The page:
Ida-Anglia näitab maailmale eeskuju süsihappegaasierituse piiramisel 27/08/03 07:49:56 Arni Alandi Rühm Suurbritannia Ida-Anglia teadlasi algatas suurejoonelise kampaania tulemaks toime üleilmse kliimasoojenemise ohuga ning häbistamaks ministreid, kes kliimamuutuse ärahoidmiseks liiga vähe ette on võtnud. Teadlased on endale püstitanud aukartustäratava ülesande: vähendada piirkonna süsihappegaasi õhkupaiskamist poole lühema aja jooksul valitsuse määratud graafikust. Esmapilgul võib Credi nime kandev projekt tunduda mittemidagiütleva mõttetusena. Ühendkuningriigi teadlased usuvad, et nii see siiski pole, sest projekti taga seisavad väga väärikad ja tunnustatud teadlased. Ida-Anglia ülikooli keskkonnateaduste õppetooli peetakse parimaks omataoliseks kogu Suurbritannias. Kateedrit juhivad Keith Tovey ja tema kolleegid. Kui keegi nii julge lubaduse täitmisega hakkama saab, siis just Tovey rühm on Dennis Thouless, firma Global Commodities juht, kindel. Thoulessi firma kogub kohalikelt ettevõtteilt kasutatud toiduõli, et seda autokütuseks töödelda. Cred loodi vastusena valitsuse veebruaris välja antud valgele energeetikapaberile. Dokumendis tõotab valitsus vähendada süsihappegaasieritust 2050. aastaks 60 protsendi võrra. Tovey sõnul on valitsuse valgele paberile kirja pandud üsna kenad mõtted ja kogu dokument kõlab hästi. Paraku pole kodanikele antud ühtki juhist, kuidas kirjapandud kauneid mõtteid ellu viia. Et segadust veelgi suurendada, on valge paberi sihtide saavutamiseks üheaegselt käibel mitmeid tegevuskavu. Tagajärjeks on väga suur tähelepanu kasvuhoonegaasiemissioonide vähendamisele samaaegselt igasuguste praktiliste juhiste puudumisega.
Effet de serre : East Anglia montre lexemple lundi 15 septembre 2003, par collecte CND R.E.collecte CND R.E. Un groupe de scientifiques de luniversité dEast Anglia, à lEst de lAngleterre, a lancé une campagne pour accélérer la réduction des émissions de dioxyde de carbone de la région. Baptisée CRed (pour Carbon Reduction Project), cette initiative ambitionne daller deux fois plus vite que les prévisions gouvernementales. Le projet a été lancé en réaction au livre blanc sur lénergie publié en février dans lequel le gouvernement sétait fixé comme objectif une diminution de 60% des émissions de ce polluant dici 2050. Les responsables de CRed veulent y parvenir dès 2025. Pour cela, Keith Tovey et ses collègues ont réussi à mobiliser entreprises locales et particuliers pour faire des économies dénergie et installer des panneaux photovoltaïques sur les toits. La prochaine étape consiste à rallier lEglise anglicane à leur cause. Exposées plein sud, les églises ont en effet de larges toitures qui peuvent capter lénergie du soleil. Or, la région dEast Anglia compte plus de 600 chapelles. Si les scientifiques sont conscients du peu dimpact sur le changement climatique de leur action, ils comptent cependant provoquer dautres initiatives. Une délégation japonaise est déjà intéressée par le projet. En France, la commune de Chalon-sur-Saône a déjà mis en place une action similaire pour réaliser en trois ans lengagement de réduction des émissions de gaz à effet de serre pris par lEurope sur dix ans. Pour lire notre article sur linitiative de Chalon-sur-Saône.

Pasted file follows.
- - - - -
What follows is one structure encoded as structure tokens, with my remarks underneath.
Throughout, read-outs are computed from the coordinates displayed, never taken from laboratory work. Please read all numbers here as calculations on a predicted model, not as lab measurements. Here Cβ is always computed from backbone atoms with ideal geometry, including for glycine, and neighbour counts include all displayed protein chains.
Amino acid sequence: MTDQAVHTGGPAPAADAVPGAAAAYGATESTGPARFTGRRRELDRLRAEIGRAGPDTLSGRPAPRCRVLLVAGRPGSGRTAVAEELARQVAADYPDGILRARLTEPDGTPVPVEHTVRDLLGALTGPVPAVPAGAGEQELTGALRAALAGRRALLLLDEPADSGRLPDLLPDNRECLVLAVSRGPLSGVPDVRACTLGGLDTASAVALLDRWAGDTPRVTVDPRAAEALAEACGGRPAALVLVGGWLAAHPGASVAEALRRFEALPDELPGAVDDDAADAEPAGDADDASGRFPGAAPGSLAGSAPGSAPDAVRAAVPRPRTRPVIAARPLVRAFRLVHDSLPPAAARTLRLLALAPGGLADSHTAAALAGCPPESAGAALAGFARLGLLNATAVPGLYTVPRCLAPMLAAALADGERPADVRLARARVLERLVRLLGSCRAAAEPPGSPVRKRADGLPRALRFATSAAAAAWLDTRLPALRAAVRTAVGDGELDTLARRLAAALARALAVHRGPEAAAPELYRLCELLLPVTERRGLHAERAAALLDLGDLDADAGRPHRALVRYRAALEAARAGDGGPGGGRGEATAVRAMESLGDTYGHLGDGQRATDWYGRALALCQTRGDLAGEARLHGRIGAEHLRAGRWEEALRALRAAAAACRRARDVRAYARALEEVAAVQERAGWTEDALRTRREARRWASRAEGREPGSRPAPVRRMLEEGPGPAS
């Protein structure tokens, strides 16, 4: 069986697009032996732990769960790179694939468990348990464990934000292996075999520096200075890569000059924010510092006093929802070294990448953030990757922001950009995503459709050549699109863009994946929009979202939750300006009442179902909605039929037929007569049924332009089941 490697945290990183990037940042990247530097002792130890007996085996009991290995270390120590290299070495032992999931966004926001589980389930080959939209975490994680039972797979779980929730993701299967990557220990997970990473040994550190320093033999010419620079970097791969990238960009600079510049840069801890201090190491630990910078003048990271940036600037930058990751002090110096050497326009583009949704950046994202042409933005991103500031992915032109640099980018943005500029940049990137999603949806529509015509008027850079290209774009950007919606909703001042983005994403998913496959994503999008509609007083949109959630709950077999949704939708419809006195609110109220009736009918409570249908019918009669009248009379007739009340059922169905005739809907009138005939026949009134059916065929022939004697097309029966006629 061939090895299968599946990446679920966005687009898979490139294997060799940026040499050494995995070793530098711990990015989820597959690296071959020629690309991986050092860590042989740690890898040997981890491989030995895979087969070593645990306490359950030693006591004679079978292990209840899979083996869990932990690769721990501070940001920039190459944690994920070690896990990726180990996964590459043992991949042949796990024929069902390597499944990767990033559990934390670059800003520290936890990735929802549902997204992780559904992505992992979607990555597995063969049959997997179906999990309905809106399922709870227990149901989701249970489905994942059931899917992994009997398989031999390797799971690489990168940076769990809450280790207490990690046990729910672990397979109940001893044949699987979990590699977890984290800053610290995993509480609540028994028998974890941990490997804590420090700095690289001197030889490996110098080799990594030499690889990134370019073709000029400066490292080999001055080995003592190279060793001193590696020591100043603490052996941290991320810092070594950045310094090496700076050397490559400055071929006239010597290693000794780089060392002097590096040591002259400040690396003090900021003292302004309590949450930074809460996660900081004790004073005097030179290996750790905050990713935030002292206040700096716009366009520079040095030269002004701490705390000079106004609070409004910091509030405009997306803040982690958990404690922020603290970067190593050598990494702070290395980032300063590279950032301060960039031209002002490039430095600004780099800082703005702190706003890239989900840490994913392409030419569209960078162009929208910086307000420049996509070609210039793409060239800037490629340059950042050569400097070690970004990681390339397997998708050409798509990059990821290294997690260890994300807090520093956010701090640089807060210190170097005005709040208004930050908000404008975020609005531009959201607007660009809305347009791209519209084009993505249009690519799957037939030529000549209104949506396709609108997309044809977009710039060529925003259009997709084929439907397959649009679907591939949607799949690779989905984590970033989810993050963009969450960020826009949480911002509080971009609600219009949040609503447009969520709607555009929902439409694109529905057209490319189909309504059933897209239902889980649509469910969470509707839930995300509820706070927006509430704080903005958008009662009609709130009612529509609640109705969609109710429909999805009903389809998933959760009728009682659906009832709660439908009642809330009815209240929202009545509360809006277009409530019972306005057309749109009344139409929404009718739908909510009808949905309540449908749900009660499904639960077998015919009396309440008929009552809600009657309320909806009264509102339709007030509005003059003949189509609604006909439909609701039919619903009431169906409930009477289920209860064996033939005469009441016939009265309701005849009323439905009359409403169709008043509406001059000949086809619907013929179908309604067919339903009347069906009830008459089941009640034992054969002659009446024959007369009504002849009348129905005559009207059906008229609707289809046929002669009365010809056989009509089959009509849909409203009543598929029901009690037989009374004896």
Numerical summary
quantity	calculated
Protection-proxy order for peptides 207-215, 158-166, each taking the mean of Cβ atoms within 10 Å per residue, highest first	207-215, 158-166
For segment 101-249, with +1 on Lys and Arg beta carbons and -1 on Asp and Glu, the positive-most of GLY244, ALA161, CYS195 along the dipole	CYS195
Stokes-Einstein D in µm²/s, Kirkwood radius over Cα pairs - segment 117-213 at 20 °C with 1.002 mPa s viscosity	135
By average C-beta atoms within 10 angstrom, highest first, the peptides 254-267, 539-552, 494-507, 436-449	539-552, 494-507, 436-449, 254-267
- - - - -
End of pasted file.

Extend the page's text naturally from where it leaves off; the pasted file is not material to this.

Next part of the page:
ecologia e ambiente SULLEFFETTO SERRA LEAST ANGLIA DA LESEMPIO dalla redazione di Bruxelles Bruxelles, 15 settembre - Un gruppo di scienziati delluniversità di East Anglia (Inghilterra) ha lanciato una campagna per accelerare la riduzione delle emissioni di anidride carbonica della regione. Battezzato CRed (Carbon Reduction Project), liniziativa ha lambizione di andare due volte più veloce delle previsioni governative. Il progetto (http://www.cred-uk.org/index.aspx) è stato lanciato il reazione al Libro Bianco sullenergia pubblicato in febbraio nel quale il governo britannico aveva fissato come obiettivo una diminuzione del 60% delle emissioni di CO2 entro il 2025.http://www.cred-uk.org/index.aspx Per riuscire nellimpresa, Keith Tovey e i suoi colleghi sono riusciti a mobilitare le aziende locali e i cittadini per avviare programmi di efficienza e risparmio energetico e installare pannelli fotovoltaici. La prossima tappa consiste nel convincere la Chiesa anglicana a dar loro il suo sostegno. Esposte in pieno sud, le chiese hanno infatti grandi tetti che sono ideali per installare impianti che captano energia solare, e nella regione di East Anglia ci sono più di 600 tra chiese e cappelle. Benché gli scienziati siano coscienti dello scarso impatto della loro iniziativa sul cambiamento climatico, contano tuttavia di promuovere altre iniziative. Una delegazione giapponese si è già interessata al progetto. Indice ecologia e ambienteecologia e ambiente
How do we know the CRed community represents our region? Suffolk C. Council Norwich Union Liftshare Eastern Heatpumps Banham Poultry Woodys Norfolk C.Council NEWS SMS Strattons Deepdale Farm Camelot Craft Alpha Schools Jarvis Farmers link SERCO LSI R.Bilbie Amicus AEEAC Norwich 21 Global Commodities Kingswood School 100 + SLP Energy Powergen EDP LEA Diocese of Norwich Norwich Colour Print May Gurney EEDA BPS Sth Norfolk D. C. The Broads Auth. The RSPB SUSTRANS Whitby Bird Broadland DC RN:PS Norwich City Council
There will be much more local generation, in part from medium to small local/community power plant, fuelled by locally grown biomass, from locally generated waste, and from local wind sources. These will feed local distributed networks, which can sell excess capacity into the grid. Options for East Anglia up to 2020 Wind Energy Solar Energy Biomass / Biofuels [Bioethanol, Biodiesel, Electricity Generation]